A report on race and diversity in corporate Britain covering 2.75 million UK employees in 99 private and public sector organisations (including 18 of the FTSE 100) has revealed a noticeable lack of black and Asian managers, particularly at the most senior level. “Race: Creating Business Value” draws on a comprehensive survey of members of Race for Opportunity (RfO), the business network of UK organisations working on race and diversity as a business agenda.
The survey shows that despite the fact the organisations surveyed employ almost three million people, only 44 ethnic minority individuals currently hold posts at the most senior level, with no black or other ethnic minority chief executives in any of the private sector organisations. Nor are there any black or Asian Permanent Secretaries in any of the central government departments surveyed. Only 3.4% of senior managers are from ethnic minorities, whilst the overall number at managerial level is 4.1 per cent (11,862 people).
Nevertheless, the research shows that significant investment is being made across the board in developing and retaining ethnic minority employees and customers as Britain’s major employers increasingly tackle race equality in the workplace, although much remains to be done.
The financial institutions surveyed employ approximately 1.5 million people, but only 1.6 % (23,393 people) are ethnic minorities. The biggest employers of ethnic minority people are the retail sector, where they make up 8.4% of the current workforce, or 46,590 people. Unsurprisingly, the majority of ethnic minority employees are in non-management positions, comprising 8.9% of the 1.2million non-managerial staff in the organisations surveyed.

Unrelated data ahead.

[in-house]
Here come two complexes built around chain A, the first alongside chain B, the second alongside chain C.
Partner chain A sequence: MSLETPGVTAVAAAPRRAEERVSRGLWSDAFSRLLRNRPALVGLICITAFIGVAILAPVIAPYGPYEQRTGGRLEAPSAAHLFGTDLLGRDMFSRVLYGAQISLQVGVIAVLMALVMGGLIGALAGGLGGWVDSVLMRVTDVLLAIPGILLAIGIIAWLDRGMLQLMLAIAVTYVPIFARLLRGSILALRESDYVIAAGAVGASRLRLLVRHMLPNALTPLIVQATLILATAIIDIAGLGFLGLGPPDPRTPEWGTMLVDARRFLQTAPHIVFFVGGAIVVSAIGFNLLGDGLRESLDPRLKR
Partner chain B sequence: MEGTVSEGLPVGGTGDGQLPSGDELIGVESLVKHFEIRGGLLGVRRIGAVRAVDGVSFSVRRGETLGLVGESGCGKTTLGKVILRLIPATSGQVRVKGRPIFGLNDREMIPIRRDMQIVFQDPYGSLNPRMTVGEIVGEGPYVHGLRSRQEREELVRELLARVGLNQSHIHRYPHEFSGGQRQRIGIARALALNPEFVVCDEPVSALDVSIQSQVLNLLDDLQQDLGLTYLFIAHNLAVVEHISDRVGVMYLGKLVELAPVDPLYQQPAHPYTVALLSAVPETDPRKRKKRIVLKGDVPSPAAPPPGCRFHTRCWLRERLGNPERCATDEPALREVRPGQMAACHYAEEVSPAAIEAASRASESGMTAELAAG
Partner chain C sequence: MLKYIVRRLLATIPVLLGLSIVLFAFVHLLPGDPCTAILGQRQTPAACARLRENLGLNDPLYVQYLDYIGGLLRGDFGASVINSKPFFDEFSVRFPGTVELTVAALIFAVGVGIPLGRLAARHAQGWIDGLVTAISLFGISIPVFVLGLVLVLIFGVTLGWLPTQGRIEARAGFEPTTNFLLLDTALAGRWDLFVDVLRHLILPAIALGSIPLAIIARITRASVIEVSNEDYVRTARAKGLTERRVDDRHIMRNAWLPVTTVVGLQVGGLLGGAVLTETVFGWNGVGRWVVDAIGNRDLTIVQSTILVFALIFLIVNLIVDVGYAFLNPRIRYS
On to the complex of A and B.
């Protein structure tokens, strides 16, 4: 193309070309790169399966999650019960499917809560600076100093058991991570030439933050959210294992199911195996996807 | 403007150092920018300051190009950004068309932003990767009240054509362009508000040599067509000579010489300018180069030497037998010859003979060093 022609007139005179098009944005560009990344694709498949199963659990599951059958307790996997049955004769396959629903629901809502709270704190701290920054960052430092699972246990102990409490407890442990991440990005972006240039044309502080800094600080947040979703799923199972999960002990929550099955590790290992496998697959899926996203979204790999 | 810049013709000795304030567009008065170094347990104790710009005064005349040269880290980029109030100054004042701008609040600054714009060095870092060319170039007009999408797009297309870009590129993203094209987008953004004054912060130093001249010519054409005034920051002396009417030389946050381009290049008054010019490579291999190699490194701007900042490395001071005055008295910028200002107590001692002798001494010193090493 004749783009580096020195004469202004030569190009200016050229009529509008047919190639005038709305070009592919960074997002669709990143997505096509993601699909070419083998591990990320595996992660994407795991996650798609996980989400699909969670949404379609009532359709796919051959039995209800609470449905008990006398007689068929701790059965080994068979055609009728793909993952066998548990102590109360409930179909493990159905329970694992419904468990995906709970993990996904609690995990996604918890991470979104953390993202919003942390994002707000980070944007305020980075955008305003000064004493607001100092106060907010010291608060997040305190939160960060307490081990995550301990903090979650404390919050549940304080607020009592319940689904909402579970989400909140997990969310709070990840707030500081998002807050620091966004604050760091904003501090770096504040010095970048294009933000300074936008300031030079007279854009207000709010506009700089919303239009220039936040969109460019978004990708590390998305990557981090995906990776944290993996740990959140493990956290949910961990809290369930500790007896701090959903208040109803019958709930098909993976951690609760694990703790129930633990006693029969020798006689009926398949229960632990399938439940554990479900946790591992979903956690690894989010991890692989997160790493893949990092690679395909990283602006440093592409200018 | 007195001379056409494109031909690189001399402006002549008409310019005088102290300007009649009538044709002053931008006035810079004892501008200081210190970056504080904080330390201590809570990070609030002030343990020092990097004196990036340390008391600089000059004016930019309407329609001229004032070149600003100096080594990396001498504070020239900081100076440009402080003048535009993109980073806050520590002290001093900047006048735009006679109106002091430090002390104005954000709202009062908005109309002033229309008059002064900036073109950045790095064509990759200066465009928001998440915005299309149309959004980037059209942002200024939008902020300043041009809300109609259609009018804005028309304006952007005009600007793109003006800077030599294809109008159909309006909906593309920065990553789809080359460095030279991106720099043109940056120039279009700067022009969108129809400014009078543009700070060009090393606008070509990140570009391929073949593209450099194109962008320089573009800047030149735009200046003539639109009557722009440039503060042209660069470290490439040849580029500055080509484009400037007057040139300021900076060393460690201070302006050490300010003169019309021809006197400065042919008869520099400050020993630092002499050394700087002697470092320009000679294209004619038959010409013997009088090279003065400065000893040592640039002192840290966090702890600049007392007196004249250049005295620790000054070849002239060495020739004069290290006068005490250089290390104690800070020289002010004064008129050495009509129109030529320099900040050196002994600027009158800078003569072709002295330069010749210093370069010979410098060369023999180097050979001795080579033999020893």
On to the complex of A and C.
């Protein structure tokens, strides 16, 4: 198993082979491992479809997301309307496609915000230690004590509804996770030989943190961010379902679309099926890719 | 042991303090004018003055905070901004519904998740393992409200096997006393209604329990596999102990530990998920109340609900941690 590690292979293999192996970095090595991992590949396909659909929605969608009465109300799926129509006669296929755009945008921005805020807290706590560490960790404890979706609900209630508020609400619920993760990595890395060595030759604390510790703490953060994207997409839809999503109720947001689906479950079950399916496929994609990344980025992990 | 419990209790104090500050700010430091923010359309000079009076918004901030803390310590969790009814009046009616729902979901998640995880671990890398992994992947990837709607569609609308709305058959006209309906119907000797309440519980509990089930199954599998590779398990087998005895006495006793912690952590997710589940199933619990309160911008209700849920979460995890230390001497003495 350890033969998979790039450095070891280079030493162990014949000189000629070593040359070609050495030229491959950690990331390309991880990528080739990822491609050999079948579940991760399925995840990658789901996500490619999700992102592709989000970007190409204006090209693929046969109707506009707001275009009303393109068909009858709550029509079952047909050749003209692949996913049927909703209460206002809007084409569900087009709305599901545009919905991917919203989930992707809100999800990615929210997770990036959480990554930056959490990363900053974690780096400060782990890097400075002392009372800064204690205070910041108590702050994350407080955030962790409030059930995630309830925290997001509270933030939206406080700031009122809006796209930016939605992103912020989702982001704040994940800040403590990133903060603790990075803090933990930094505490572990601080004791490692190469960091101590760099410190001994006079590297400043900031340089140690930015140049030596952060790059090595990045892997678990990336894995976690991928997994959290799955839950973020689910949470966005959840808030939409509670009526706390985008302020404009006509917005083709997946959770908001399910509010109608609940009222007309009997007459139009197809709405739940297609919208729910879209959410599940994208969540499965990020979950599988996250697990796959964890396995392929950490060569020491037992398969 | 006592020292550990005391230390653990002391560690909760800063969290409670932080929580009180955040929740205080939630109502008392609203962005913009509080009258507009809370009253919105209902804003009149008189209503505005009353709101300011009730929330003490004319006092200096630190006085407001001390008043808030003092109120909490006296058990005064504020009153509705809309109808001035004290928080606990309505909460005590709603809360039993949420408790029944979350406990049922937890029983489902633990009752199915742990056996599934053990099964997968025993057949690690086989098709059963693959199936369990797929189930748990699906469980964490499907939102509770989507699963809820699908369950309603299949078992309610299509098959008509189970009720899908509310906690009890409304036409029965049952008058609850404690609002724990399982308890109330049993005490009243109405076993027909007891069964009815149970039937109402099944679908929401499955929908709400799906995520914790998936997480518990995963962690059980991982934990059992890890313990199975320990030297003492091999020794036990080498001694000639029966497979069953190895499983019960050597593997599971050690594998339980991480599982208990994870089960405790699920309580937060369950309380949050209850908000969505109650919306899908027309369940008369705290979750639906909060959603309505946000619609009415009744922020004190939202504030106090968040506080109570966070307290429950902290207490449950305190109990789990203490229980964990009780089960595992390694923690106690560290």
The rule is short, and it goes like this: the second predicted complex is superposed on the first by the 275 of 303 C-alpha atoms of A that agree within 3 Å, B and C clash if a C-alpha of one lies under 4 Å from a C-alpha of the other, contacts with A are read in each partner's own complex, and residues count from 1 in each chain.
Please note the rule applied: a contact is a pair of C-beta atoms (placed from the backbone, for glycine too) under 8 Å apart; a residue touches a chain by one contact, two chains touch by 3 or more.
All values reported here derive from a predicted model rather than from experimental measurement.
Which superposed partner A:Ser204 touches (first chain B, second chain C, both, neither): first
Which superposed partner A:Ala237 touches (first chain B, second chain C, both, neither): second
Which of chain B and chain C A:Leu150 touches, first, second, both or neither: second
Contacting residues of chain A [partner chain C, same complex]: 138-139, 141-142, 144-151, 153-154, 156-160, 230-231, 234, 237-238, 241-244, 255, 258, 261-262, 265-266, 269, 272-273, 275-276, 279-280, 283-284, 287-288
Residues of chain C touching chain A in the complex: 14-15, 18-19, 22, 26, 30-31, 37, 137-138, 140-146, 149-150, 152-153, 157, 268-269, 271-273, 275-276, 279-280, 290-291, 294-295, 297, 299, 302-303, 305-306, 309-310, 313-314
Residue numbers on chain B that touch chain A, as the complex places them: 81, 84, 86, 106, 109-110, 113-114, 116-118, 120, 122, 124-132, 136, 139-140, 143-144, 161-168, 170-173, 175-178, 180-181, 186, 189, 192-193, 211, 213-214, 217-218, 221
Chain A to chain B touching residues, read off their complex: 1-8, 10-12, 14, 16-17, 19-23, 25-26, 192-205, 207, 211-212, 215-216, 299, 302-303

There has been progress on a number of fronts, compared with the results of a 2001 survey. Organisations reported on activity in terms of business leadership on race, marketing to ethnic minorities as profitable consumers, diversity-proofing community involvement programmes, and evaluating policies and initiatives. In addition, there has been a significant leap in the number of organisations providing data on the ethnicity of their workforces – 78%, up from 19% of the organisations surveyed in 2001 – reflecting the fact that monitoring is increasingly standard good practice.
There has also been growth in terms of real commitment and tangible engagement with the issue areas across organisations. Leadership remains of critical importance (86 per cent of respondents have a Board level ‘champion’), although the survey highlights the need to ensure effective programmes across the spectrum of each organisation’s activity since much activity on race is still largely driven by human resources and equal opportunities departments.